Sequoia tosses $12M into the maker of the LIFX connected light bulb

LIFX, a company making a Wi-Fi enabled, multi-color LED light bulb, has raised $12 million in Series A funding led by Sequoia. Along with the funding LIFX said its light bulbs, which sell for $99, are now on sale to everyone. So far LIFX has raised $16.6 million in funding, and it plans to use the latest round for sales and support of the product.

The company, which raised $1.3 million via Kickstarter in 2012, shipped its first batch of bulbs during the first quarter of this year — about a year later than it originally anticipated. It offers two types of light bulbs at the moment — the Edison screw and a Bayonet mount common in Australia where the company was founded. Later it plans to offer a downlight.

Phil Bosua, founder of LIFX. Photo by Om Malik
Phil Bosua, founder of LIFX. Photo by Om Malik

The biggest question for any consumer considering the LIFX bulbs will be how it compares with the many other connected bulbs on the market — most notably the Philips Hue bulbs. Like the Hue bulbs, the LIFX bulb offers the full array of LED colors (TCP lights, which are the other popular choice, only offer whites), but because the LIFX bulbs use Wi-Fi, they don’t need a hub like the Hue does. However, the Hue bulbs are cheaper with a starter kit containing 3 bulbs and hub going for $200. Additional bulbs are $60.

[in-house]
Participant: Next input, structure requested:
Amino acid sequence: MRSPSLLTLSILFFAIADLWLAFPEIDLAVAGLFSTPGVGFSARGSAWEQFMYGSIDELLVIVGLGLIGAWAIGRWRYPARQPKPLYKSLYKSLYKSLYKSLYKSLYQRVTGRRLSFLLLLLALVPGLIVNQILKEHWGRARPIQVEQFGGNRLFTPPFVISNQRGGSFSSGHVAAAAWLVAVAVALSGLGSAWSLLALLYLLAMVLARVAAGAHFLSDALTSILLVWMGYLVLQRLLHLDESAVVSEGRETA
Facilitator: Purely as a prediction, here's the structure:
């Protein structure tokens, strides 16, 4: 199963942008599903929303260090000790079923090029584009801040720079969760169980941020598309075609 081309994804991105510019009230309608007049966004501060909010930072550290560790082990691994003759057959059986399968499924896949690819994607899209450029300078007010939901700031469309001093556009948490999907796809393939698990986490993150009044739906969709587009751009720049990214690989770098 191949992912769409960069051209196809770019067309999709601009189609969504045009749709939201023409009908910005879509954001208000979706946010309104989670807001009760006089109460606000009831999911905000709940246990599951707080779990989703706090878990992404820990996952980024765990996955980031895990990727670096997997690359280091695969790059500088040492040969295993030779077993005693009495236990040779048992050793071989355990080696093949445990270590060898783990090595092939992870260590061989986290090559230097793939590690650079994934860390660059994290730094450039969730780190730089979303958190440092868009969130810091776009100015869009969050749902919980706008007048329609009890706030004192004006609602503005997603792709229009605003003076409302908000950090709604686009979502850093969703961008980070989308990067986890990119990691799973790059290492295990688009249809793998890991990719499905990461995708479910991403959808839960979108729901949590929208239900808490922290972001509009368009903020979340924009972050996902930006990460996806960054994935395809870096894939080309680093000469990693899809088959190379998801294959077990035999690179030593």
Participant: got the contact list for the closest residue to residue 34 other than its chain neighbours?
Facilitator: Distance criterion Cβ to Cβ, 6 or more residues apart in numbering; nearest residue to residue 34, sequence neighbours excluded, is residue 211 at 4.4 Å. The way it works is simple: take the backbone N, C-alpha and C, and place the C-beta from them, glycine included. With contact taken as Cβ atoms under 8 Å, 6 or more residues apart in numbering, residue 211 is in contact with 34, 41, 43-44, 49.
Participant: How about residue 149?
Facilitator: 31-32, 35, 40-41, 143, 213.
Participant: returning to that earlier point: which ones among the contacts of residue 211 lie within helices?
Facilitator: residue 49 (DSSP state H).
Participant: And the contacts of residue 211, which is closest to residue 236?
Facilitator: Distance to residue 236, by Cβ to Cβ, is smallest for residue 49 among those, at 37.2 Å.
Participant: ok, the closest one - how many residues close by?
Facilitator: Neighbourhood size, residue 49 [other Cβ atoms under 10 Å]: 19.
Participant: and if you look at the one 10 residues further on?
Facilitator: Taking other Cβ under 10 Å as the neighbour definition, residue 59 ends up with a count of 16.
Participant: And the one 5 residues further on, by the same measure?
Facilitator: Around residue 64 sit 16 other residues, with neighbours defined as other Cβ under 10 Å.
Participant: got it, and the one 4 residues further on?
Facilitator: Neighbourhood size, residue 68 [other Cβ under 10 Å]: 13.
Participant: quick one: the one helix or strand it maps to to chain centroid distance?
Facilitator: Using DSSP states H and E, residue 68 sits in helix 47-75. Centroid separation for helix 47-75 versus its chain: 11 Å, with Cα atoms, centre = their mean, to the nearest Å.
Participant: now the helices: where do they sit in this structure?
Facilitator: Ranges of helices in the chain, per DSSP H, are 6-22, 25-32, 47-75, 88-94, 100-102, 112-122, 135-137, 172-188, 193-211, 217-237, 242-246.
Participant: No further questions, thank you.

However, the Hue app leaves a lot to be desired, so it’s possible that LIFX, which like the Hue is open to other apps and systems integrating with its lights, can gain market share by offering a better app experience. I will have to check out the bulbs and app to see how they compare. In the meantime, the world of connected lights is only getting hotter, with an array of features built into the light bulb — from speakers to presence detection.

It’s unclear to me what the end game is for Sequoia with this investment given that a light bulb — even a $99 light bulb — still doesn’t seem like a venture-worthy investment with the kind of margins and hockey-stick-like growth that could lead to an IPO. However, as we are seeing with Google acquiring Nest for $3.2 billion and then Dropcam for $555 million, the end game may just be getting Apple, Google or another larger player to shell out a ton of cash for the next hot trend.